Amazon has warned a big change is coming to some of its oldest cellular-enabled Kindle e-readers. From December 2021, some Kindles will no longer be able to use the cellular capabilities, potentially robbing them of connectivity entirely. It’s not Amazon’s fault though, but is due to carriers switching over solely to newer 4G and 5G networks, leaving behind the 2G and 3G connections used by the old Kindle e-readers.

It’s a move that’s been long telegraphed, but you may not have heard much about it until now, as most smartphones currently sold today use 4G or 5G, and upgrade offers are always being made for older devices. Amazon calls out the following Kindle devices affected by the change:

  • Kindle (1st and 2nd Generation)
  • Kindle DX (2nd Generation)
  • Kindle Keyboard (3rd Generation)
  • Kindle Touch (4th Generation)
  • Kindle Paperwhite (5th Generation)/(6th Generation)/(7th Generation)
  • Kindle Voyage (7th Generation)
  • Kindle Oasis (8th Generation)

Some devices will be hit a lot harder than others. While the first and second-generation Kindles as well as the second-generation Kindle DX will lose internet access completely due to the lack of Wi-Fi, every other device on the list has Wi-Fi to fall back on. This means that while you won’t be able to use those on the go with a SIM card anymore, you will still be able to download content on them at home.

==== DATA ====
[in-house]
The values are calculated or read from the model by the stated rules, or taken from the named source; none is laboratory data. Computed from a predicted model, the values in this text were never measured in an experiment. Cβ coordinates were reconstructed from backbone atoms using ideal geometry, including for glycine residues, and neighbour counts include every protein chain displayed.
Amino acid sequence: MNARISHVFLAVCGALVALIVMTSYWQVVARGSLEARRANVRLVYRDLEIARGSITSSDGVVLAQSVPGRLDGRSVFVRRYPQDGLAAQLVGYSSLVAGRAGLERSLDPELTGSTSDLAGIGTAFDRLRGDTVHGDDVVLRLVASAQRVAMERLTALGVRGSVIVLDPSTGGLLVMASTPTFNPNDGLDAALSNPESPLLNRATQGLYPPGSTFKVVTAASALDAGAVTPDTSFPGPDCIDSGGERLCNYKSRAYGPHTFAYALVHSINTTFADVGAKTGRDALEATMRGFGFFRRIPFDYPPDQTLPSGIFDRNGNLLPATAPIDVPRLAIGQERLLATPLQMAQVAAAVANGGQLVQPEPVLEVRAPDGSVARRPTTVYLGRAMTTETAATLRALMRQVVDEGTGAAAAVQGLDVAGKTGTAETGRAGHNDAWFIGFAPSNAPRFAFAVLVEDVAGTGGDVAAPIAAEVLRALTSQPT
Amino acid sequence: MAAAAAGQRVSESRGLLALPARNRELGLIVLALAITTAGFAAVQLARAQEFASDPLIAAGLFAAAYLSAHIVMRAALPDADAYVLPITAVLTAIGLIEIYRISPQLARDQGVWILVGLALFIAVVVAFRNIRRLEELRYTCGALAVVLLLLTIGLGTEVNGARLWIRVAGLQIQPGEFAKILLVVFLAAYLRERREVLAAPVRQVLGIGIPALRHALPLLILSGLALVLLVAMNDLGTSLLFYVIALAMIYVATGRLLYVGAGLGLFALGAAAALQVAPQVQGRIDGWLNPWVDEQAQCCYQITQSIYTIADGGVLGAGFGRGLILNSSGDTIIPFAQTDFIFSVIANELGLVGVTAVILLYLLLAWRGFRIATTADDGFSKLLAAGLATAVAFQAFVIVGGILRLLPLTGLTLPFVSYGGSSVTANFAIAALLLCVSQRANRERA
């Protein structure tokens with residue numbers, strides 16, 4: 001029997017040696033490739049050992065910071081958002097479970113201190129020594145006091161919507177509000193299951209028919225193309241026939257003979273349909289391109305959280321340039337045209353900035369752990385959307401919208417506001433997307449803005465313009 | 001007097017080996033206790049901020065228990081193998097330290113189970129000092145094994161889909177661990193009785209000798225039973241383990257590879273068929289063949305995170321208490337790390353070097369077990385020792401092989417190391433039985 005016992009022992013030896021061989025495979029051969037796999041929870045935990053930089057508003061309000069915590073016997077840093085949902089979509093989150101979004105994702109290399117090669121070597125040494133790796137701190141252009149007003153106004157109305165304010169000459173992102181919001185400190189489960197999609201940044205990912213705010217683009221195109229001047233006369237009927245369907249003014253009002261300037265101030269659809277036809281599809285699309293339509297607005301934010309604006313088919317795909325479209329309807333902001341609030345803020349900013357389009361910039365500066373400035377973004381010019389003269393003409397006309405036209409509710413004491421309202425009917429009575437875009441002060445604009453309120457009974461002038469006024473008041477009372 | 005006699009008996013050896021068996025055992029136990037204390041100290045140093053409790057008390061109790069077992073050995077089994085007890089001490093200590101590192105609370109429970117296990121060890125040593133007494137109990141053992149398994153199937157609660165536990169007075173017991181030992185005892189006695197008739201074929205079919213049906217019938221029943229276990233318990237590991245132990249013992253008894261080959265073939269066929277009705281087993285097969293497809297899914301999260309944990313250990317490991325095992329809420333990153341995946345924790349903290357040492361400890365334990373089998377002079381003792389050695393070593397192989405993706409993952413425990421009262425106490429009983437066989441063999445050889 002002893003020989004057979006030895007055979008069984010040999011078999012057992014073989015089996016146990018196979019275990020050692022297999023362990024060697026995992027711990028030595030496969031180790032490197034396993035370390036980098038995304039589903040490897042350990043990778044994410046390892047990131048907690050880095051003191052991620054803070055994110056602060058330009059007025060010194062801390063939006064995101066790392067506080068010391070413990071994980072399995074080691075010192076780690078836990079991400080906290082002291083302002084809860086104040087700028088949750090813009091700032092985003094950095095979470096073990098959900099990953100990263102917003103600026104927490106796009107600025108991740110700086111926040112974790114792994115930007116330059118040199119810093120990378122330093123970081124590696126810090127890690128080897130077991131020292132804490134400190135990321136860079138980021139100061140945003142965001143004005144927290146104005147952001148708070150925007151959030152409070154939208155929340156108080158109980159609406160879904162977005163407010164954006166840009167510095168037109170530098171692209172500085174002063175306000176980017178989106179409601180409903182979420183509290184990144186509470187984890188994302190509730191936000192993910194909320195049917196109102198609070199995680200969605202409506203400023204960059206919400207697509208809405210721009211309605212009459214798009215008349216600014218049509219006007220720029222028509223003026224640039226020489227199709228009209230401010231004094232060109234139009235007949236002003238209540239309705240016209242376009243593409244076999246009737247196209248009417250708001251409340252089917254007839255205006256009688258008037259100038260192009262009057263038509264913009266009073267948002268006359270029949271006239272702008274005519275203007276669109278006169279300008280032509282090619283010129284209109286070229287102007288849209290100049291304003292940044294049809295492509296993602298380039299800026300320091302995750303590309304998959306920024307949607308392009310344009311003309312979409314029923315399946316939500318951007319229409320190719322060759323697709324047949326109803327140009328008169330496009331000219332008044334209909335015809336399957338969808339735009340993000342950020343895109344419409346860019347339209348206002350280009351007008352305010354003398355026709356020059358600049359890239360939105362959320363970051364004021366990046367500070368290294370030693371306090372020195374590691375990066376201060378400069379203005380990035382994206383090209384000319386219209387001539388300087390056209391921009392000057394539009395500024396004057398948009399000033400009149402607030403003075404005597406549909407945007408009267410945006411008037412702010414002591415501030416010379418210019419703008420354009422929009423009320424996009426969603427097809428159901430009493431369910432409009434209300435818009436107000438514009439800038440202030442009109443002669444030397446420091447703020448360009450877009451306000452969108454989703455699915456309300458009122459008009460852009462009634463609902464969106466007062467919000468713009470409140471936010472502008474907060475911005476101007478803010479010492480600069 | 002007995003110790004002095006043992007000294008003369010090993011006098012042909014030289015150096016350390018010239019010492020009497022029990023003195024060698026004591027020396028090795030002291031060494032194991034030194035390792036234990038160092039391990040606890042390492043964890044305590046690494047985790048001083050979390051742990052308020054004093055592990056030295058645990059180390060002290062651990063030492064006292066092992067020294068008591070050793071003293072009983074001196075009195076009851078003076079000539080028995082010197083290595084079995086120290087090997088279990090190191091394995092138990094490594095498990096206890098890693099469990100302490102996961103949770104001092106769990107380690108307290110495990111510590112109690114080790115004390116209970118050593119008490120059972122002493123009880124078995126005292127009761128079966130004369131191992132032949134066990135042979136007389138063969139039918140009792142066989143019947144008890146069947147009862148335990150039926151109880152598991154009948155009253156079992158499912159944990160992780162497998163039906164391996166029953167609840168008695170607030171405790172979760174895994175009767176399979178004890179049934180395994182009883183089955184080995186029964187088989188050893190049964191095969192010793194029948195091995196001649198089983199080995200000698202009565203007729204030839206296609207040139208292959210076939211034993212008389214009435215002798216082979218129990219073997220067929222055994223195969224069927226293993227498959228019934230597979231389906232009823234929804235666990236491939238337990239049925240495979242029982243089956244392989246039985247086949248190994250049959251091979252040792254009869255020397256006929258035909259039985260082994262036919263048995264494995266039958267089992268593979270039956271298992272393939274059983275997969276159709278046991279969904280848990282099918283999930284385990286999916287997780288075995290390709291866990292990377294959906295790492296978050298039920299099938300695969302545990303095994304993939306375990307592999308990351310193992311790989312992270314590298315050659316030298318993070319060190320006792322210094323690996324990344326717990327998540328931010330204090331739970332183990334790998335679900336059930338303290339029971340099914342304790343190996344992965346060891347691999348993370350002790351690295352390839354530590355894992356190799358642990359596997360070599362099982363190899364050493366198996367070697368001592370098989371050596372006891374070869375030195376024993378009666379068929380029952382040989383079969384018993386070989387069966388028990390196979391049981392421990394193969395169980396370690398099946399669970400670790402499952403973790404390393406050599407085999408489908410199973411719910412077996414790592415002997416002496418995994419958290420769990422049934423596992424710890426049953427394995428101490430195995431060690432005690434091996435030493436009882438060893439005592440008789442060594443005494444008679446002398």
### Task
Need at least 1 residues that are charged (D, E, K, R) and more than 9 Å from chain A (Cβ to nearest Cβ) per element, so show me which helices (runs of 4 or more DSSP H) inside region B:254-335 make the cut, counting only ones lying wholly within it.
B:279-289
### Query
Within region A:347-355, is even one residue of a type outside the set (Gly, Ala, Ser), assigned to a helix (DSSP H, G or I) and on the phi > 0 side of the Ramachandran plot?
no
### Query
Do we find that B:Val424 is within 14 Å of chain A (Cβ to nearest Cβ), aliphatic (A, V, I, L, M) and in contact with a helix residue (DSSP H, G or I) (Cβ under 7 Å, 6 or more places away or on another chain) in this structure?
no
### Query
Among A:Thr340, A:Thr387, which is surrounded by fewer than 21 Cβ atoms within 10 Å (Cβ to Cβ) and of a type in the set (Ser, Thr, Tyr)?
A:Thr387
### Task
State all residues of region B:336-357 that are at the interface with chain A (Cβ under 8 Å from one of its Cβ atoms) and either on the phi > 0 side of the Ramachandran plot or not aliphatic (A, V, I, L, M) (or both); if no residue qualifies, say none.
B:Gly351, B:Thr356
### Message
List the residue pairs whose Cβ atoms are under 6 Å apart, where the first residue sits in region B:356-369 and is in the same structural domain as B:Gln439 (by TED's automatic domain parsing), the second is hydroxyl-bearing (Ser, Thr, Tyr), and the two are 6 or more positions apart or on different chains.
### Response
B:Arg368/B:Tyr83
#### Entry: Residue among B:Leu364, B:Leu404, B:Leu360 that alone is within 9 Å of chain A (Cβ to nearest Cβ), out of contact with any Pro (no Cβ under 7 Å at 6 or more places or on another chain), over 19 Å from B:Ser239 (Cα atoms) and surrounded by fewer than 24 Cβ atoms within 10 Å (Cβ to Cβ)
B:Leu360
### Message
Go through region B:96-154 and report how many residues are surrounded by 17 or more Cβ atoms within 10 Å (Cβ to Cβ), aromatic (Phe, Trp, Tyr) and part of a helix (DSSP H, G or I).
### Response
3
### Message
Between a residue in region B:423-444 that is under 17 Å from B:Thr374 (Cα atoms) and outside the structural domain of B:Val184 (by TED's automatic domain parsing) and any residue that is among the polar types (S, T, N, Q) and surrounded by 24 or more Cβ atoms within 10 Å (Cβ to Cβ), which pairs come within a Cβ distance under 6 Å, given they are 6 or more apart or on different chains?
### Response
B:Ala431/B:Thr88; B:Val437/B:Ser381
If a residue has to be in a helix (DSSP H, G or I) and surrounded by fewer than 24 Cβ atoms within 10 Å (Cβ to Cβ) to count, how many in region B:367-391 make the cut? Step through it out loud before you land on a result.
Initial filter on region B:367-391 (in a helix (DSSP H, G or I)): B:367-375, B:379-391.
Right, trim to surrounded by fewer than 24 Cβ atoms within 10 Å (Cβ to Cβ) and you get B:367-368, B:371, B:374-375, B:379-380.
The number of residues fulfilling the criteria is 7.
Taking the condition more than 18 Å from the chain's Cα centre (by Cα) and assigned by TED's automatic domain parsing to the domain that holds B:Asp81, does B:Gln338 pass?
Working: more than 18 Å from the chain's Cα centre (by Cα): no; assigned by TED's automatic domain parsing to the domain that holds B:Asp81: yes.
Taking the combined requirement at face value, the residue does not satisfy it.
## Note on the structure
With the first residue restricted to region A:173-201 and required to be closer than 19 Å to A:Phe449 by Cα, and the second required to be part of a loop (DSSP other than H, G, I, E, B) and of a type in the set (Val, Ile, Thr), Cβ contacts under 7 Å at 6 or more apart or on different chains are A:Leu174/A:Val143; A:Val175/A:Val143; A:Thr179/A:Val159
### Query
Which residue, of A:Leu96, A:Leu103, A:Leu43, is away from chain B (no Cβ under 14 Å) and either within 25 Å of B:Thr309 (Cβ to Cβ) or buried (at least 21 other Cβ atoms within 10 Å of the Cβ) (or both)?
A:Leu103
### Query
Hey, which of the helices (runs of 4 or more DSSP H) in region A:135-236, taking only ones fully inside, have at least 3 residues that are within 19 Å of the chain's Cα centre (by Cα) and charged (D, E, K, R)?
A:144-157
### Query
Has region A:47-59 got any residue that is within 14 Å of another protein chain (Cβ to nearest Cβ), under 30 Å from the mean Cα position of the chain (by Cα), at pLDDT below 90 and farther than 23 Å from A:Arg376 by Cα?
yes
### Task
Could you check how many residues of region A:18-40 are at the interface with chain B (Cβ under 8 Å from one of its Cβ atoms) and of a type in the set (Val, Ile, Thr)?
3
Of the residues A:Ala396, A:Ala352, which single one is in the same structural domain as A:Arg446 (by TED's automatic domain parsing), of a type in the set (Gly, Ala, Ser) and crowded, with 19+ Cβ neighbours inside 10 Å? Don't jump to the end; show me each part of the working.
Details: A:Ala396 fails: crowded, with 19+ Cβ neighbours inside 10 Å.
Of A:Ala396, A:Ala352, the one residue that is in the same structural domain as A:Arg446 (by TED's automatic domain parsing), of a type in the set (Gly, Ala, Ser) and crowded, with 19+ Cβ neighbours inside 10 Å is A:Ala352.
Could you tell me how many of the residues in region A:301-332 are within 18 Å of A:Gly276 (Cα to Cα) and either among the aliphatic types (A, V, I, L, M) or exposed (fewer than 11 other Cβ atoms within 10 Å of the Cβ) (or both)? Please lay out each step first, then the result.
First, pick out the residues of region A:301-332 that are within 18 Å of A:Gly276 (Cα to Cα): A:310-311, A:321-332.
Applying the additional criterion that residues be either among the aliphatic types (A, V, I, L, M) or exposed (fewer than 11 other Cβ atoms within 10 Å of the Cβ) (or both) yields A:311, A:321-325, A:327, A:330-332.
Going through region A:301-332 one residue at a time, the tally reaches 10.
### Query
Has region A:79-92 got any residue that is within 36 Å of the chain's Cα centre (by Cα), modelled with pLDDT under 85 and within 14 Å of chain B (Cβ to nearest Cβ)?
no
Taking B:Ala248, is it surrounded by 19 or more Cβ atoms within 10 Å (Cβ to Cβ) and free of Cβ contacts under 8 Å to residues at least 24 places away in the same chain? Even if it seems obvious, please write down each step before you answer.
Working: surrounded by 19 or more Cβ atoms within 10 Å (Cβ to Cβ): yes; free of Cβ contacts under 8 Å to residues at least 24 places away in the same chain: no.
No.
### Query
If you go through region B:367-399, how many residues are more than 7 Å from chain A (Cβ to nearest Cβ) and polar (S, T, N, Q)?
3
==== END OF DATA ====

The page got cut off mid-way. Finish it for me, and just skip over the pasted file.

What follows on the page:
It’s worth noting that this isn’t an issue simply for Kindles, it has wider implications. If you’re using a 3G-only phone in 2021, the time to upgrade is now. Carriers globally are slowly switching off their older 2G and 3G networks in a bid to free up the spectrum for the newer standards. While Amazon is ending support in 2021, AT&T, T-Mobile, and Verizon will all wind down their pre-LTE networks in 2022.

If your Kindle is about to become useless, Amazon does have some sympathy. Amazon supports Wi-Fi on all of its most recent e-readers, and the cellular-capable ones have 4G onboard. Amazon is offering $50 off a new Kindle Paperwhite or Oasis, with $15 in ebook credits to help ease the pain. If you don’t take up Amazon’s offer in time, you will find some cheap Kindle deals here, or you could even consider another e-book reader if you’re feeling the need for change.

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